13

On 8 February 2012 the applicants sent to the Court a table relating to the methods for calculating the fine which had been imposed on them. On 10 February 2012, the Commission submitted observations on that document, which were sent to the applicants on the same day.

14

The parties presented oral argument and replied to the oral questions put by the Court at the hearing on 13 February 2012.

15

The applicants claim that the Court should:

partially annul Article 1 of the contested decision;

reduce the amount of the fine imposed;

order the Commission to pay the costs.

16

The Commission contends that the Court should:

dismiss the action;

order the applicants to pay the costs.

Law

17

In support of the head of claim seeking partial annulment of the contested decision, the applicants put forward a single plea in law, alleging errors of fact concerning the duration of their participation in the cartel and the geographic scope of the cartel. In support of their head of claim seeking a reduction in the amount of the fine, the applicants put forward three pleas in law, alleging, first, the necessity of a reduction in the amount of their fine as a result of the partial annulment of the contested decision, secondly, infringement of the principle of non-discrimination and of the obligation to state reasons concerning the calculation of the fine and, thirdly, an error of assessment having regard to their very limited and passive role in the infringement and infringement of the principle of non-discrimination.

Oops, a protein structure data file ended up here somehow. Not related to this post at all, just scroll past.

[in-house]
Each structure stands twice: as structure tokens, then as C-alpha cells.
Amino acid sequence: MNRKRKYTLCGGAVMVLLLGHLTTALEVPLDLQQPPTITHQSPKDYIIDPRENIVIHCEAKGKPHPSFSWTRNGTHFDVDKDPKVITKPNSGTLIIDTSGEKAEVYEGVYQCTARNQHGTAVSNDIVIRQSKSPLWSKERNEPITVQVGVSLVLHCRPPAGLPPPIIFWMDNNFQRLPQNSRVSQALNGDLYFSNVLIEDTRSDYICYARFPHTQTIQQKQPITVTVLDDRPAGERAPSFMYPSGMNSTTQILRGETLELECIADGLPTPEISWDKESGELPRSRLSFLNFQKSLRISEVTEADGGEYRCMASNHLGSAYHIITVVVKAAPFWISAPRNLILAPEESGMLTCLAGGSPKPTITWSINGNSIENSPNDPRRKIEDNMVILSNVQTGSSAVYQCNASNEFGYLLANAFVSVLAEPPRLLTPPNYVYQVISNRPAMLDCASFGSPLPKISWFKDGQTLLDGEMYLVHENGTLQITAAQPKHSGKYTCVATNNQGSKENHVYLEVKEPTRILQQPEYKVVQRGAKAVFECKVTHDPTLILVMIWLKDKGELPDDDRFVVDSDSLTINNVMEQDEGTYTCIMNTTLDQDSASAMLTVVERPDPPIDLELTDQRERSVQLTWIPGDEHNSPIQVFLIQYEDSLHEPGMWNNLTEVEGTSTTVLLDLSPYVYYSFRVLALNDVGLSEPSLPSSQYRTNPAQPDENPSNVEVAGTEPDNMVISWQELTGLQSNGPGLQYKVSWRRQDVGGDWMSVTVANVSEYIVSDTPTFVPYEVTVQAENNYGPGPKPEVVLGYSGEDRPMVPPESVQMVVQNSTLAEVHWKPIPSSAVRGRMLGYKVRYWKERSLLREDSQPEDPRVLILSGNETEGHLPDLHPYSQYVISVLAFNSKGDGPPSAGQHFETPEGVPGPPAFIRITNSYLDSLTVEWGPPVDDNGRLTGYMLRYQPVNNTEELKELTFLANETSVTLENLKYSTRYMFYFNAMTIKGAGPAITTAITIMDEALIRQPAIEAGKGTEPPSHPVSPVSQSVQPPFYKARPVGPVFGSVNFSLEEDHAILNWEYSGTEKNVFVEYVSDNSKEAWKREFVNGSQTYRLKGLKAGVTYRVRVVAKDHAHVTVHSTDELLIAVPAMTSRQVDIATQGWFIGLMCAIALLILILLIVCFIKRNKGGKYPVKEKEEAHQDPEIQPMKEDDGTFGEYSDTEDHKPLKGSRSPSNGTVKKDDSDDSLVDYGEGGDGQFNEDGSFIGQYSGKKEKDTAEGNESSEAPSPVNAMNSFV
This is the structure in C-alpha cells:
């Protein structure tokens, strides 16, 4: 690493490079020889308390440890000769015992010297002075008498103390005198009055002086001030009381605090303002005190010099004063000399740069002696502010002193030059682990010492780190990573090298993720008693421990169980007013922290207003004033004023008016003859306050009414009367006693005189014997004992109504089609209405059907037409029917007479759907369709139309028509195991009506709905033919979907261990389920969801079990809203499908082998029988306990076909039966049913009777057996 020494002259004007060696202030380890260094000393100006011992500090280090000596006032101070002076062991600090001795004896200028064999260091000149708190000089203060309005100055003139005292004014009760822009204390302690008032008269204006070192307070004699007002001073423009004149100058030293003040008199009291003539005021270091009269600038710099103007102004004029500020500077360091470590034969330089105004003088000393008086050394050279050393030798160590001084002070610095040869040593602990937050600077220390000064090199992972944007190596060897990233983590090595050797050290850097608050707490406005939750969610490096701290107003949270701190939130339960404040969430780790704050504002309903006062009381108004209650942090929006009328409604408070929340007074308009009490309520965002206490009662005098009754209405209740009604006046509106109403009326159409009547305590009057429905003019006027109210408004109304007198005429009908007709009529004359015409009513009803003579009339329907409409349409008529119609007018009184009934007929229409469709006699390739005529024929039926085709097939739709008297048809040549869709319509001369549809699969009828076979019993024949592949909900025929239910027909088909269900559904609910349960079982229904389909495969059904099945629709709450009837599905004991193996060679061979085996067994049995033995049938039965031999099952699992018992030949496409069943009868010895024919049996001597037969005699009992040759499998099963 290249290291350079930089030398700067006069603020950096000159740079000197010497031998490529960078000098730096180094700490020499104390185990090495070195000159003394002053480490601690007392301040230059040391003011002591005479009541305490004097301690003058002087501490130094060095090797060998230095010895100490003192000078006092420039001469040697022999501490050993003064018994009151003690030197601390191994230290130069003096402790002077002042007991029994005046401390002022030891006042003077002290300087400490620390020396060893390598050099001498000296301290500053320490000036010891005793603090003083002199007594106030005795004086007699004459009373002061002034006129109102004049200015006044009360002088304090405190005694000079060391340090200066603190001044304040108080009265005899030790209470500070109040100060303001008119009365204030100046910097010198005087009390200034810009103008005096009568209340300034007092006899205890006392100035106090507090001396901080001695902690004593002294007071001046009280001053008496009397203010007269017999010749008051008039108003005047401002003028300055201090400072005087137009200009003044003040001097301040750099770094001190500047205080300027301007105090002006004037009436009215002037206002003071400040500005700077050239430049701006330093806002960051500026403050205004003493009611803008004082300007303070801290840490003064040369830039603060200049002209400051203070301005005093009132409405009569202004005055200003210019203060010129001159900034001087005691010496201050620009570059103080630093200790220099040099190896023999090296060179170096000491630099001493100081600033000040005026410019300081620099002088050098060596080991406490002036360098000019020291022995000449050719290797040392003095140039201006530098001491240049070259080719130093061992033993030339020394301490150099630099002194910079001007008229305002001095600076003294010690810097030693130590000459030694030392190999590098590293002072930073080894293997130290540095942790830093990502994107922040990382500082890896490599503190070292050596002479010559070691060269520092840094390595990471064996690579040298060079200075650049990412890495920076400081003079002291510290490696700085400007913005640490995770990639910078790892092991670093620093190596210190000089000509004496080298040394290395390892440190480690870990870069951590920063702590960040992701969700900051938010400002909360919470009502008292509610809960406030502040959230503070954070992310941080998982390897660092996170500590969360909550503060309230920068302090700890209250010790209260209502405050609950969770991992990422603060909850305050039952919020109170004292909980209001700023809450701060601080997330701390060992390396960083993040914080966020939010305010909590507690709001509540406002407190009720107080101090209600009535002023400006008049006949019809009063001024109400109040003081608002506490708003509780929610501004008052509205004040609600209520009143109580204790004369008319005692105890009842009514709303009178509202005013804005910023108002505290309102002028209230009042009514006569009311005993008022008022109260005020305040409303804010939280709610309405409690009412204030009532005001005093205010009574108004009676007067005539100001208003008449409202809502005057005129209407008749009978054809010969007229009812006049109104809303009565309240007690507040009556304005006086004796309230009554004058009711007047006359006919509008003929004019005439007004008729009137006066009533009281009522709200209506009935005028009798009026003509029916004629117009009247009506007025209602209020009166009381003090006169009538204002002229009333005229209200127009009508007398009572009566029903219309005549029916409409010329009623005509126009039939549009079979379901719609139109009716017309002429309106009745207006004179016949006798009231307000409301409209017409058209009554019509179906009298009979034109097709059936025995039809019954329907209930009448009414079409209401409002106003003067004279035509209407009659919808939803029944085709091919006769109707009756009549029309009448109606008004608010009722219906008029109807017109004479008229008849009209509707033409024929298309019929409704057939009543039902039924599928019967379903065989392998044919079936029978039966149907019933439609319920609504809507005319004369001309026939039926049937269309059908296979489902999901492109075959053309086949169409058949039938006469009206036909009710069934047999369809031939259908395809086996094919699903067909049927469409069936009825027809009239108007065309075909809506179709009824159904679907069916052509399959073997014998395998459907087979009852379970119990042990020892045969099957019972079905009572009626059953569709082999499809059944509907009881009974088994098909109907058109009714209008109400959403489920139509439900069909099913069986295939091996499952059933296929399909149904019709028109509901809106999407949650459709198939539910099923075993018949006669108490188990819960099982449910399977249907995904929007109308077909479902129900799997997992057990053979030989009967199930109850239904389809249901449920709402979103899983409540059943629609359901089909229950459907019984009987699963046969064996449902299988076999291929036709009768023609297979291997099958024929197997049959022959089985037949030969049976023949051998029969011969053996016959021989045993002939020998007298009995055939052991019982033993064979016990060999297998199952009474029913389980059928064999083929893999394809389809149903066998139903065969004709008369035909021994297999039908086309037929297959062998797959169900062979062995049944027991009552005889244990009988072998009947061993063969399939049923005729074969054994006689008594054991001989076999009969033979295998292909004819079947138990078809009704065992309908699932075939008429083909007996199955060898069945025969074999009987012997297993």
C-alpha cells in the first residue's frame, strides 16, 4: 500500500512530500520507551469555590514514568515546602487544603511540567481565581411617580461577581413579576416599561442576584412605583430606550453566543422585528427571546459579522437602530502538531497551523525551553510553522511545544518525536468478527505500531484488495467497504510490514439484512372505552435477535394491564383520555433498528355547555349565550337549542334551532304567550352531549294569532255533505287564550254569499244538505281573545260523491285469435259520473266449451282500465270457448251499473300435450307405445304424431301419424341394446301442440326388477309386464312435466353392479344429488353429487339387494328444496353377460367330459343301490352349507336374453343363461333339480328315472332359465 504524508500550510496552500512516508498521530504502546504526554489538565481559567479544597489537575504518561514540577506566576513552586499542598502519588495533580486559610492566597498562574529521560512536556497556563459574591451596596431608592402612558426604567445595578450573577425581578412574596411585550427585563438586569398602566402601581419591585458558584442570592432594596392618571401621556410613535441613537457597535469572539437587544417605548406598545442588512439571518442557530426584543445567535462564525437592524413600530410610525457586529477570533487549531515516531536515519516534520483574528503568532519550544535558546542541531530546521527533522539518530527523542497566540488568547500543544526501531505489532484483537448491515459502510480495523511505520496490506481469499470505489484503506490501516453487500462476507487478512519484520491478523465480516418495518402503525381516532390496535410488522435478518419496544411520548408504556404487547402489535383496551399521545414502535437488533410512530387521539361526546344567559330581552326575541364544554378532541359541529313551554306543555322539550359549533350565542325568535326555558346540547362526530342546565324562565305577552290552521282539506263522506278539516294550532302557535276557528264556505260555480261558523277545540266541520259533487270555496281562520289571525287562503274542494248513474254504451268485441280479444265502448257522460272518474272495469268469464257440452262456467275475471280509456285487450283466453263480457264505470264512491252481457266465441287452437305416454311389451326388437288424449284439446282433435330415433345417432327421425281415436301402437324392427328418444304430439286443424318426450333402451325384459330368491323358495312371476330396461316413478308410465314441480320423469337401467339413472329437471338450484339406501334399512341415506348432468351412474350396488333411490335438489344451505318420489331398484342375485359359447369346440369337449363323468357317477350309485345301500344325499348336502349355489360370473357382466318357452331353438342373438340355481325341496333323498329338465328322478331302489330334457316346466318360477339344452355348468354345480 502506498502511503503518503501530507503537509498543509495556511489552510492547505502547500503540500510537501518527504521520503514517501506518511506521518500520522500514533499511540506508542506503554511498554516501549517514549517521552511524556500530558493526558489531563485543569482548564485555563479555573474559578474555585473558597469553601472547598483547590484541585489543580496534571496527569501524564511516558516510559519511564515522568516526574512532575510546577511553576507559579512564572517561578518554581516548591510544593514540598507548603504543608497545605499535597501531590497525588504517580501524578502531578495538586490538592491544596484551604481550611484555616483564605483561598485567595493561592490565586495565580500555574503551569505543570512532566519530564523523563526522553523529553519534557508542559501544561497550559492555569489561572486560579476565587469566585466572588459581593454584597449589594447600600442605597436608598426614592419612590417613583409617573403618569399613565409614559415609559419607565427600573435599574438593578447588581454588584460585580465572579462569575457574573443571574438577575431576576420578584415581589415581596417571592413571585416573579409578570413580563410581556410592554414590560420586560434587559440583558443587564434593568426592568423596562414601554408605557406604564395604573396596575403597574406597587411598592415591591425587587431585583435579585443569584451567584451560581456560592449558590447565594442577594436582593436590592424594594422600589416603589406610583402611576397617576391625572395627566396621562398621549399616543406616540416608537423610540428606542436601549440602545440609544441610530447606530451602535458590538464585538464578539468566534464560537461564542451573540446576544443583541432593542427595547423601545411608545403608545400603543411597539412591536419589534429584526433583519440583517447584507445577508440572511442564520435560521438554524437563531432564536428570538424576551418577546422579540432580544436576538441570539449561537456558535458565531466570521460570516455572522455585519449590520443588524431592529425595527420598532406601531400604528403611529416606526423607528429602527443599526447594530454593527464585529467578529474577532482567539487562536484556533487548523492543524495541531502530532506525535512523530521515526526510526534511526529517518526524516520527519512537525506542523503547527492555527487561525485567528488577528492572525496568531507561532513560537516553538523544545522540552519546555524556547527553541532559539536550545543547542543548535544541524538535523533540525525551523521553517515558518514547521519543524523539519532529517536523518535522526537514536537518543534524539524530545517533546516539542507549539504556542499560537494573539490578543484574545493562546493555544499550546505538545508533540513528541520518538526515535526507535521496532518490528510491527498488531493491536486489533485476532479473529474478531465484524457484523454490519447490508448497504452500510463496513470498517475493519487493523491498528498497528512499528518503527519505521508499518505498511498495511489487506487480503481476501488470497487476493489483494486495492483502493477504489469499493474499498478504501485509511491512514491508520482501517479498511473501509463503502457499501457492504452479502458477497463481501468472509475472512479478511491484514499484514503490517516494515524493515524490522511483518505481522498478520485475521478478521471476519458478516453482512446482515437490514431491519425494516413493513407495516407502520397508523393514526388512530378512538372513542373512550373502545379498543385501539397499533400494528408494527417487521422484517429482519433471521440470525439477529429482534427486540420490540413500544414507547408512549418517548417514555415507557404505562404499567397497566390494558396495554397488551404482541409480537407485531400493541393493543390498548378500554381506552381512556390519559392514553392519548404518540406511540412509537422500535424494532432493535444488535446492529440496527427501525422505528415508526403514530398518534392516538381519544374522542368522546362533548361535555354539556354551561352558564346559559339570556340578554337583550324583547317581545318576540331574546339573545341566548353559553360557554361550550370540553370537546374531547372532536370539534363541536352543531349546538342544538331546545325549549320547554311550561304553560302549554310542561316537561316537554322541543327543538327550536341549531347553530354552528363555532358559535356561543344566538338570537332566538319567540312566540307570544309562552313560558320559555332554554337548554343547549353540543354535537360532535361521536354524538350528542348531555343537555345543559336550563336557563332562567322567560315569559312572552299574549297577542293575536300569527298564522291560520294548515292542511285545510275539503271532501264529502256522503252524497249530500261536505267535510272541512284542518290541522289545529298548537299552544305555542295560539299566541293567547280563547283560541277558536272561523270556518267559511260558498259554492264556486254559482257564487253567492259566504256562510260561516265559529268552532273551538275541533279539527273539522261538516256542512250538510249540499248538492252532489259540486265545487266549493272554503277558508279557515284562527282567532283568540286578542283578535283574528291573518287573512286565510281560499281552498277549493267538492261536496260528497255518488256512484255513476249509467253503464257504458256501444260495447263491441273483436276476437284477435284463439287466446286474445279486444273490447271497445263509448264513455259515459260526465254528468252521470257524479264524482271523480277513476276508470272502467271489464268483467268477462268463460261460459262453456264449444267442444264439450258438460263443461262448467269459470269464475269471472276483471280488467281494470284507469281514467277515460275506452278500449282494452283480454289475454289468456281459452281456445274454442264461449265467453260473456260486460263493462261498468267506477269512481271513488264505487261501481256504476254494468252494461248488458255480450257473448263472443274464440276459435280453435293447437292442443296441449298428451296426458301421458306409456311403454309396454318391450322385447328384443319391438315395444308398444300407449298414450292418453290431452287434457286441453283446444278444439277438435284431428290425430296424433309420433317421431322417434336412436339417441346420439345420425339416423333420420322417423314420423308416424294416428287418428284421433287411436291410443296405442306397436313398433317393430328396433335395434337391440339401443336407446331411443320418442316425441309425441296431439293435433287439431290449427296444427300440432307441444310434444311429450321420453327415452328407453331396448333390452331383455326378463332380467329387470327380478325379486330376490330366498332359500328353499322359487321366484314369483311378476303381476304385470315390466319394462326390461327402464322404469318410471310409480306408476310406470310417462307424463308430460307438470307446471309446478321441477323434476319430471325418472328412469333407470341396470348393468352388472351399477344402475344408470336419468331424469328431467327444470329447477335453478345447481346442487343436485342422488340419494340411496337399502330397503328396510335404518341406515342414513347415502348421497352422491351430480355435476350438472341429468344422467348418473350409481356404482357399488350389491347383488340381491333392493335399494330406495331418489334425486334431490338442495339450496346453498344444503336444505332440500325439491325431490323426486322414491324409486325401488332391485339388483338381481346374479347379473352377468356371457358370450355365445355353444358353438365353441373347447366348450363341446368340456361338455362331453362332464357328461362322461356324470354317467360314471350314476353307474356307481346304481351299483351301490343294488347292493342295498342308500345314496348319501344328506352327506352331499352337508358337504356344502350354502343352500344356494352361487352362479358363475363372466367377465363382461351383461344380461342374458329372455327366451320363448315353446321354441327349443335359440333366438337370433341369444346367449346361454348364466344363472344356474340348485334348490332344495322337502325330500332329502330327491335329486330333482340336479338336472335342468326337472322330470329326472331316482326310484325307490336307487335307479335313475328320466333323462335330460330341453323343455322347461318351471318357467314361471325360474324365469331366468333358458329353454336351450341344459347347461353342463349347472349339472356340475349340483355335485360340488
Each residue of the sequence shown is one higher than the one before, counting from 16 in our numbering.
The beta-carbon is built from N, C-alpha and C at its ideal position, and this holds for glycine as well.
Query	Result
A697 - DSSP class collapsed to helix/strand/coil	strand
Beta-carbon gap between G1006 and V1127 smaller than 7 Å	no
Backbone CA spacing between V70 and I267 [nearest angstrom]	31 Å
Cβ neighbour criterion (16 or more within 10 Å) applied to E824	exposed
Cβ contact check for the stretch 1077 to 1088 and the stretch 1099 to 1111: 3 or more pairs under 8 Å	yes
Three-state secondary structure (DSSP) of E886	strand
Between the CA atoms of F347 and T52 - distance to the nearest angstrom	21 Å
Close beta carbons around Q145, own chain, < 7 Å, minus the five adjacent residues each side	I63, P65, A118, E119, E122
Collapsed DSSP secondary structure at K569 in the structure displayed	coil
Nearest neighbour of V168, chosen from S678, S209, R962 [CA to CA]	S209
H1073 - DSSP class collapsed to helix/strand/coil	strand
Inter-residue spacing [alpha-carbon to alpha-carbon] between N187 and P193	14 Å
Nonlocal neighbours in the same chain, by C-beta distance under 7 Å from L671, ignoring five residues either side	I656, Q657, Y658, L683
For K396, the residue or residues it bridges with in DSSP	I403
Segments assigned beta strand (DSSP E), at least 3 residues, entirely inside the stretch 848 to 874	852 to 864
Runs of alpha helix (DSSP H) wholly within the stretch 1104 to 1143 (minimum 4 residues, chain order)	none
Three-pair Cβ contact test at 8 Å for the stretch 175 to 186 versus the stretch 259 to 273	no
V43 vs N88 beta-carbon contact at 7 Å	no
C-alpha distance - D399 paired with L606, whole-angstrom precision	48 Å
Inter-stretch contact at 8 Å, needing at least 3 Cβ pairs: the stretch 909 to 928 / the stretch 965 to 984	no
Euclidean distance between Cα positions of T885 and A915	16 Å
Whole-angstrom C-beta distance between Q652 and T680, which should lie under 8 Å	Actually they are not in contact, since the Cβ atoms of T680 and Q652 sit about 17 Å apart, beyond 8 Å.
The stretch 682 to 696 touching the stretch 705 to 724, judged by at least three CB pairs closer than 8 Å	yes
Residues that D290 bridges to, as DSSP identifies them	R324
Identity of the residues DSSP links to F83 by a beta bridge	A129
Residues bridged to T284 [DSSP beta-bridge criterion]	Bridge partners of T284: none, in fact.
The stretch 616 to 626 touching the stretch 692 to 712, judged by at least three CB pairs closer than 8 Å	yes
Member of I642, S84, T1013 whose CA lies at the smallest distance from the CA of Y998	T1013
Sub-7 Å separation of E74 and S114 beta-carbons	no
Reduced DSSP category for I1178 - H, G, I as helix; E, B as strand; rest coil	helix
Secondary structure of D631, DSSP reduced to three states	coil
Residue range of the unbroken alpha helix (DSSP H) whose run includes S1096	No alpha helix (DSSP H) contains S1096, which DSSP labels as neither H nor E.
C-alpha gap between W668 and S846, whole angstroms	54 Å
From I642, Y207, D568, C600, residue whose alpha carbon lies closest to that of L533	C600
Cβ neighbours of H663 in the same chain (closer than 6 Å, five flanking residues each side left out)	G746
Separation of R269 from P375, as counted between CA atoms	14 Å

18

Furthermore, at the hearing the parties disputed the admissibility of a number of documents.

Admissibility of certain documents and of references made to documents

Admissibility of the Commission’s letter of 10 February 2012

19